Ice Cube receives award at UCLA for contributions to entertainment, sports
Ice Cube came to UCLA to receive the UCLA Anderson School of Management Game Changer Award for contributions to entertainment and sports. He talked about his work acting in movies and creating a league for three-person basketball. (Courtesy of Eva Rinaldi/Wikimedia Commons)
By Kari Lau
March 2, 2020 2:46 a.m.
Hundreds of people packed a conference room at UCLA on Friday to see Los Angeles icon Ice Cube receive an award for changing the game in entertainment and sports.
UCLA awarded O’Shea “Ice Cube” Jackson – musician, actor, producer, director and CEO – the Game Changer Award at an annual conference hosted by the UCLA Anderson School of Management.
Ice Cube’s most notable tracks as a musical artist include “You Know How We Do It,” “No Vaseline” and “I Rep That West,” among other songs.
The Pulse Conference, organized by the School of Management’s Center for Management of Enterprise in Media, Entertainment & Sports, or MEMES, honors notable individuals in these fields with the Game Changer Award. It also draws leaders from these industries to discuss their respective trades.
The event usually brings in about 500 people every year, according to the School of Management’s website.
This year, the award was presented by Jay Tucker, executive director of MEMES.
“(Ice) Cube has changed the game because he saw possibilities that others didn’t,” Tucker said. “He changed the game because he made the world see him and his community.”
Ice Cube sat down after he received the award for a conversation with Jeff Moorad, a board member of MEMES and adjunct professor at the management school, to discuss his roots in South Central Los Angeles and his extensive career.
Ice Cube said in the early years of his career with hip-hop collective N.W.A, they thought they were going to be local artists for Southern Los Angeles. They believed major-league rappers were only from New York, he said.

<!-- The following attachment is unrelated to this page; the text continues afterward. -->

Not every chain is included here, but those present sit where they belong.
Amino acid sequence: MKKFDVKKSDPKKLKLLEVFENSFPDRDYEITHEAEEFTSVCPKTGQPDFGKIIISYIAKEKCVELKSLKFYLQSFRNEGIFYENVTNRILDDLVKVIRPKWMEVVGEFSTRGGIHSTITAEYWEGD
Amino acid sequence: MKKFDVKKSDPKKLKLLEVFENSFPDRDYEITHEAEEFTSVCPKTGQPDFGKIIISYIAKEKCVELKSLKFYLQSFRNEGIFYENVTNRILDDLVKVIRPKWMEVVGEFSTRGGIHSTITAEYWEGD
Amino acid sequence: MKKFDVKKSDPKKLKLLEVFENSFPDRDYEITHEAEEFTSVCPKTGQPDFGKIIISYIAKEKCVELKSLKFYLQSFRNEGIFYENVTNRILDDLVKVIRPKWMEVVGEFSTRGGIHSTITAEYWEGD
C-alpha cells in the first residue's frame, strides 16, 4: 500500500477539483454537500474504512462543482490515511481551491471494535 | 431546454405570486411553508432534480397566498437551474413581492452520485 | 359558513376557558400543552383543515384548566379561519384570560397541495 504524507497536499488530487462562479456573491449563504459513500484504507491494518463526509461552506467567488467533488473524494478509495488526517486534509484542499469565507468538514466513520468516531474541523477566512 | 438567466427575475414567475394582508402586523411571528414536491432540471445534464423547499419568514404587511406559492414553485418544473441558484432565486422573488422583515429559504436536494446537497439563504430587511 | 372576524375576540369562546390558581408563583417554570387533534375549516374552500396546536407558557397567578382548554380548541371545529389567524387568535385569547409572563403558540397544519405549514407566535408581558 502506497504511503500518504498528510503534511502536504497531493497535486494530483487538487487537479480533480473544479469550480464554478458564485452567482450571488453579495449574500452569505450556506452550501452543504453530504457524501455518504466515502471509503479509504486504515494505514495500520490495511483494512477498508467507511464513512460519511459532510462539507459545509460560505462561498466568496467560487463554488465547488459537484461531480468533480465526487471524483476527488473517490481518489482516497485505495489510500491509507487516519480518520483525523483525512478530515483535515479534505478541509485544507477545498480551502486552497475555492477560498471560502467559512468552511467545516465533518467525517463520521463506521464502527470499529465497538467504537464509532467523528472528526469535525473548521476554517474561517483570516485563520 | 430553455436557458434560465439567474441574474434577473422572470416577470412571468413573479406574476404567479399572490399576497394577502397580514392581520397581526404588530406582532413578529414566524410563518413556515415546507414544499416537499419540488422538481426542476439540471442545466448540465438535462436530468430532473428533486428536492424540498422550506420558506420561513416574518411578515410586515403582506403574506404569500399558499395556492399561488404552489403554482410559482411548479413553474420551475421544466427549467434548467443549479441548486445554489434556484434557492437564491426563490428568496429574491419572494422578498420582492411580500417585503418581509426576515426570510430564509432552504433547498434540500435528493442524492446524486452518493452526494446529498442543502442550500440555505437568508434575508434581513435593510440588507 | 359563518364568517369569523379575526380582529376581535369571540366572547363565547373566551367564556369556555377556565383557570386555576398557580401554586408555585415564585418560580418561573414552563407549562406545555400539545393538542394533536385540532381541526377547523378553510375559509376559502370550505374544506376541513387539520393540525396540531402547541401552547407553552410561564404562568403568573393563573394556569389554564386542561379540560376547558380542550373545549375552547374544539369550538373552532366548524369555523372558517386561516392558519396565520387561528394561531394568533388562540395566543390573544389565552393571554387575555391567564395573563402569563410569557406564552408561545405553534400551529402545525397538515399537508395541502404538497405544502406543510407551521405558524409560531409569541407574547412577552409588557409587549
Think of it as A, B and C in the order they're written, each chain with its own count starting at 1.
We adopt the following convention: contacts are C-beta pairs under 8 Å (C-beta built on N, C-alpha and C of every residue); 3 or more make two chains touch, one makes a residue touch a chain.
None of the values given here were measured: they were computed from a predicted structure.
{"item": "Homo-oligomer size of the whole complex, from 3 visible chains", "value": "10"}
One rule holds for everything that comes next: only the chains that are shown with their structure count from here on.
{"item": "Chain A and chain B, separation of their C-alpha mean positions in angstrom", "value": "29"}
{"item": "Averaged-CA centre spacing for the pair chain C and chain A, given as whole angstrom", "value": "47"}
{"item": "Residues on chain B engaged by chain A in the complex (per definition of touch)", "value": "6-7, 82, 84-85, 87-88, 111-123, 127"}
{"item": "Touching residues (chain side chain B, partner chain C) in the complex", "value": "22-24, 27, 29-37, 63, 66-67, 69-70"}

“I know they don’t like me in New York, but … they’ll like me in the neighborhood,” Ice Cube said.
Although the group focused on its home base, its music reached people outside of California’s borders.
“We just started to take off,” Ice Cube said. “We were true to ourselves, so the world recognized.”
Ice Cube also discussed his start in the movie industry, acting in Oscar-nominated film “Boyz n the Hood.”
After shooting “Boyz n the Hood,” Ice Cube started writing, directing and producing films such as “Friday,” “Ride Along” and “Straight Outta Compton.”
He said one of his favorite movies to produce was the 2005 film “Are We There Yet?” The family movie with a mostly all-black cast let him give back to his community, Ice Cube said.
“Black kids don’t get movies like that,” he said. “So I was happy to do that.”
Ice Cube also said he was happy to have a career doing voice-overs for entertainment and sports. He has voiced over sports documentaries, cartoons, video games and more. Some of his most well-known voiceovers include his contributions to the video game “Call of Duty: Black Ops” and the film “The Book of Life.”
“It’s cool to be around long enough to have a recognizable voice,” Ice Cube said. “And, you know, I’m not mad about it at all.”
Ice Cube also discussed BIG3 and FIREBALL3. FIREBALL3 is the official title for a style of 3-on-3 basketball. Ice Cube co-founded both the sport and BIG3, its professional league.
Ice Cube closed the talk by saying he wishes he could set an example for people from all communities to overcome the status quo.
Several attendees of the conference said they think the Game Changer Award was well-deserved for Ice Cube.
Blake Miller, a Southern California native and UCLA graduate student, said Ice Cube has always been an icon. He added that he thinks Ice Cube deserved the award because of the constant reinvention of his career throughout his life.
“Not only is he changing the games he’s involved in, but he’s changing the game for what it means to be a businessman from LA,” Miller said.
Attendee Ronna Williams said Ice Cube represents LA well and inspires the black community.
“(He) takes LA wherever he goes,” Williams said. “I got very emotional because he gives our culture hope – our young men growing up, he gives them hope because he came from the ‘hood.’”